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Useful And Fantastic: Applied Imagination - 8

"When imagination becomes inured to blockbusters, explicit gore, constant novelties, explosions of information, or the ear becomes used to decibels that verge on damage to the eardrums, then softer music, finer emotions and feelings such as sentiment, gentleness, subtlety, appear blanched and insipid,'' says Val Yule.

Limens For Imagination

A limen is the point at which a stimulus becomes perceptible or is of sufficient intensity to produce an effect. Individuals vary constitutionaly and temperamentaly in their thresholds for different stimuli, as in their visual and auditory perception and responses to pain. Experience is a strong factor in determining limens. As we become accustomed to a stimulus, the limen rises, so that stronger intensities are required to achieve the same result. Drugs are a well-known example.

‘A little of what you fancy does you good’ but too much of what you fancy gives little room for other tastes. Nothing too much’ was essential to the Greek Golden Mean.

When imagination becomes inured to blockbusters, explicit gore, constant novelties, explosions of information, or the ear becomes used to decibels that verge on damage to the eardrums, then softer music, finer emotions and feelings such as sentiment, gentleness, subtlety, appear blanched and insipid. This can happen on a socio-cultural level too.

With raising of these limens, much that was formerly regarded as positive and delightful virtues appear and are believed to be neutral and dull. The Victorian era of immense curiosity and imagination was intensely feminine as well as masculine, even though women themselves were regarded as naturally inferior to men. In our time, feminine qualities of softness, quietness and the beautiful have become regarded as more insignificant and unattractive compared to the stronger, louder impact of masculine dynamism, aggression, speed and assertiveness. This is partly because the electronic screen reflects an inadequate image of reality and teaches us that it is real.

A third-rate drama with no conflict would be boring, and hence comes the common but incorrect deduction that in real life a family with no conflict would be also be dull. Despite all the concentration of funding and effort on whether television violence may harm children, (and ignoring the findings about adults and violence as they grow up) reserchers should explore other effects of television on how adults distinguish between reality and fantasy, and what they may be acting out in their own lives. The wars-by-button-pressing practised in computer games can be transferred to real life, and the hi-tech warriors in the sky or directing from afar may be unable to tell the difference – and the difference is human suffering. War makes great screen entertainment. Adult and child imaginations are excited by images of war. Experience of war’s suffering sets a moratorium on this excitement - until a new generation knows only the images, and then the military images return.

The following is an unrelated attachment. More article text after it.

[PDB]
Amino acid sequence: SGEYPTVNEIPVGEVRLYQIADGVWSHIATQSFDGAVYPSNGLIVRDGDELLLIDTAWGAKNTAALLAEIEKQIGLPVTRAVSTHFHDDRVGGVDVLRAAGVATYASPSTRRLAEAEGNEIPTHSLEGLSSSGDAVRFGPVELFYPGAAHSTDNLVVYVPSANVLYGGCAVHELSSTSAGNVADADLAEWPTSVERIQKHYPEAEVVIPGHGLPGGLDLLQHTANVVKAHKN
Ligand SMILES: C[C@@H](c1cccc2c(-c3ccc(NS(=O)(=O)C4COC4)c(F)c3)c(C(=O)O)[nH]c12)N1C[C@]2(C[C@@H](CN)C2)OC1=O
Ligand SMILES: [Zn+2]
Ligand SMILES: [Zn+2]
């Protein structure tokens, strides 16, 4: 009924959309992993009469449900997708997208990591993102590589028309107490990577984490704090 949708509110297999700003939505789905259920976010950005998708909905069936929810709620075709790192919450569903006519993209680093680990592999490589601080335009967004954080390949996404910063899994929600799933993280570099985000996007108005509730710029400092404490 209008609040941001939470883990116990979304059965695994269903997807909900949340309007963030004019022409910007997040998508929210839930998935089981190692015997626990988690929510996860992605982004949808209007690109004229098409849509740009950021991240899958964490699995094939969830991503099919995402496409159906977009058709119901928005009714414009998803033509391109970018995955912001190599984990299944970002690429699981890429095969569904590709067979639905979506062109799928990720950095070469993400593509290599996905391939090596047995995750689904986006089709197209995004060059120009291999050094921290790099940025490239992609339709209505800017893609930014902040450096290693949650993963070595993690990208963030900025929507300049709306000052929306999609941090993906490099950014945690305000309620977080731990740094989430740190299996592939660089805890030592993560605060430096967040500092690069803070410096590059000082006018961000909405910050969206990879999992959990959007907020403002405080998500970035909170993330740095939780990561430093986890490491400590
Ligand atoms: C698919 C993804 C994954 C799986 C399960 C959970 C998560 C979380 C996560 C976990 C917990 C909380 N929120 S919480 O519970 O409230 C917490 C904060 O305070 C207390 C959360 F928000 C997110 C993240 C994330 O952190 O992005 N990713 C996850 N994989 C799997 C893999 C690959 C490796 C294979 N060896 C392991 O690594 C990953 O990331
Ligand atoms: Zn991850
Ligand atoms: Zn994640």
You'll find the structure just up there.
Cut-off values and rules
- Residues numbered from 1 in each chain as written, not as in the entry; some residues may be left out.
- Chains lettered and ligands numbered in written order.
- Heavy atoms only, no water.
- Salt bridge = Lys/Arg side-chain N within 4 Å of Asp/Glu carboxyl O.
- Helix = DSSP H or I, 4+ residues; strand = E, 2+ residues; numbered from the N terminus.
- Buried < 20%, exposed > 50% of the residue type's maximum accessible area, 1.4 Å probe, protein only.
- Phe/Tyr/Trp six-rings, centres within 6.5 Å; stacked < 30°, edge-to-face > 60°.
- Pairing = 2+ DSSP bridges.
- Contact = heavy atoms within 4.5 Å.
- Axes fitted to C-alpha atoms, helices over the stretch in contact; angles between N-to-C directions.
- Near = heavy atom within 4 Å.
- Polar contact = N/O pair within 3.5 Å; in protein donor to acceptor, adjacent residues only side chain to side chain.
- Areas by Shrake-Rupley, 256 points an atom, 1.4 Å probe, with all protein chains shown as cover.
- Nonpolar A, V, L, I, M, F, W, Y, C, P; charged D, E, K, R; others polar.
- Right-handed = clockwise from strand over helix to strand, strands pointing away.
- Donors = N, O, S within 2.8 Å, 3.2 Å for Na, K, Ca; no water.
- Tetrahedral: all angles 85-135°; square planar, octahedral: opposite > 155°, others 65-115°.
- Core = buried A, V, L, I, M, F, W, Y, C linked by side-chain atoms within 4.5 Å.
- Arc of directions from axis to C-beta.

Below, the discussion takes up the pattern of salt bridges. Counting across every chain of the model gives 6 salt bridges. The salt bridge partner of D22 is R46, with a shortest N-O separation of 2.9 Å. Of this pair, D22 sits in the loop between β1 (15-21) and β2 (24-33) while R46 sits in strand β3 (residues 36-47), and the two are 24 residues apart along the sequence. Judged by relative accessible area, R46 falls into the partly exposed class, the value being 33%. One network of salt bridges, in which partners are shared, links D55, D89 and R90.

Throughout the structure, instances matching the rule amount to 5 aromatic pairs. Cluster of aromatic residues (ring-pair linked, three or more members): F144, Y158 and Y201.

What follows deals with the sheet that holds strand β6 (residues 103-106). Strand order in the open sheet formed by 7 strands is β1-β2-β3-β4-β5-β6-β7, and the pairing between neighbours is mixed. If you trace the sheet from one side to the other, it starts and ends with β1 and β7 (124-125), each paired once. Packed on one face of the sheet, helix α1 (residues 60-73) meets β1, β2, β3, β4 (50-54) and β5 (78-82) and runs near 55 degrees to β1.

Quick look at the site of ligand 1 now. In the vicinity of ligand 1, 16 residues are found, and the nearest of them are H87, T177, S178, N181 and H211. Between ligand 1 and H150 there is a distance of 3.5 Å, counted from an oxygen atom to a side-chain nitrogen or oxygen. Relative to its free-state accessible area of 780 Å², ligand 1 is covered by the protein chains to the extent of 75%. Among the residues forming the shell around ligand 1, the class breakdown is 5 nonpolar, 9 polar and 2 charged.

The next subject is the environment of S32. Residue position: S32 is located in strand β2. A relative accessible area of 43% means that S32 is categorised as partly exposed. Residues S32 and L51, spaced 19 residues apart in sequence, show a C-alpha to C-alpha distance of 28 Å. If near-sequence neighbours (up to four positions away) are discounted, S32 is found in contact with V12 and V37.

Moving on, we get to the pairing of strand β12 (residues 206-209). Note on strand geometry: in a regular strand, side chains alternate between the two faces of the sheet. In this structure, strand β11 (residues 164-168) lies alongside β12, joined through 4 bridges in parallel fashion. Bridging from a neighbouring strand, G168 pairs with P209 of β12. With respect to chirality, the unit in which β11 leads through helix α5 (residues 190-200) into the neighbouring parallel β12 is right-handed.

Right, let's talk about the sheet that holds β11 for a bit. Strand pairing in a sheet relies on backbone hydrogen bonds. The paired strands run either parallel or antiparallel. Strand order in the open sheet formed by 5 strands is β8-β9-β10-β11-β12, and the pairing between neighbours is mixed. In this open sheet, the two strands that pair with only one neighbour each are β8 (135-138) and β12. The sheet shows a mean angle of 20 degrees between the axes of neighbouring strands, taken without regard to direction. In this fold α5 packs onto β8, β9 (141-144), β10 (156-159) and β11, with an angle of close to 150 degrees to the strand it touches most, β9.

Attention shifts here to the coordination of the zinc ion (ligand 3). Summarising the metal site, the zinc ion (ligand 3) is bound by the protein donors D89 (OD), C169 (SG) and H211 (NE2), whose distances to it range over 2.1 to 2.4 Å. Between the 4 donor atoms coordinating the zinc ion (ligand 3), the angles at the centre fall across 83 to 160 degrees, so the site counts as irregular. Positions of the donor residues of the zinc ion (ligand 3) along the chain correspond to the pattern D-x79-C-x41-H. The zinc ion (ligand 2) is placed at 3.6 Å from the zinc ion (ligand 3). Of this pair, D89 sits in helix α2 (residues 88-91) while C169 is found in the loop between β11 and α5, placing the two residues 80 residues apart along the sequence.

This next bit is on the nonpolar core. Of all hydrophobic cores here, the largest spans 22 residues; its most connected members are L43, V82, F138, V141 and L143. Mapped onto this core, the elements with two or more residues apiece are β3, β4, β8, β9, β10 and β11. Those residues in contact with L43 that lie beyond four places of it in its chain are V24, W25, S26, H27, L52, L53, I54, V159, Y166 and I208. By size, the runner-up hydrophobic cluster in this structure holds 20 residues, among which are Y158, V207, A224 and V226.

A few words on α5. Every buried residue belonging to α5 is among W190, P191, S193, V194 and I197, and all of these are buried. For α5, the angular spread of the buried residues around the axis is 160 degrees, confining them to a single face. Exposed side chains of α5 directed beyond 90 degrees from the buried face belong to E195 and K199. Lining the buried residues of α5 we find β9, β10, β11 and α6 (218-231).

Beliefs can be stated publicly that a world of peace would be stultifying and boring, that suffering is necessary as a foil to make life interesting. Dystopias can have dramatic appeal - utopias are harder to imagine and require slow building, not projection of evil on to external enemies. Yet unless we can start imagining Peace, in our entertainment and everyday thinking, we can hardly achieve it.

When limens are raised too high, less of the variety and wonder of the real world is perceived, and there is less room for imagination to operate. When gross stimuli are needed to make impact, responses are more likely to come from the gut than the mind. Voyeurism of suffering and even readiness to inflict it are ways to achieve sensation when limens for gentler stimuli have become too high. Sensations that are blunted need heavy hammers to feel anything.

There are popular reactions to try to empty and numb minds as a protection against the stressful overload of stimuli in the modern world and cyberspace and the daily TV. This is a paradoxical response. Quietness and reduced stimulation are indeed needed, but they are needed not to blot out thinking and imagination, but rather to develop fuller appreciation of life, and permit openness to the small and lovely things in the world, as well as to the great things that are still possible.

The 1960s explored the possibilities of enlarging imagination and consciousness through psychedelic drugs. The desperate search by artists to be original can seek novelty from the confusion aroused by brain toxins, but the preferred property of drugs today is anesthetic, rather than aesthetic. Blunting exposure to the demands of the real world is a sort of negative pleasure. Yet the alert consciousness of undamaged brains is needed, so that more, not less, of the loveliness around us can be perceived and appreciated, and we can raise the mental energy to use our imaginations as lifesavers. It is this sort of mental energy that the greatest energy crisis in the world today.

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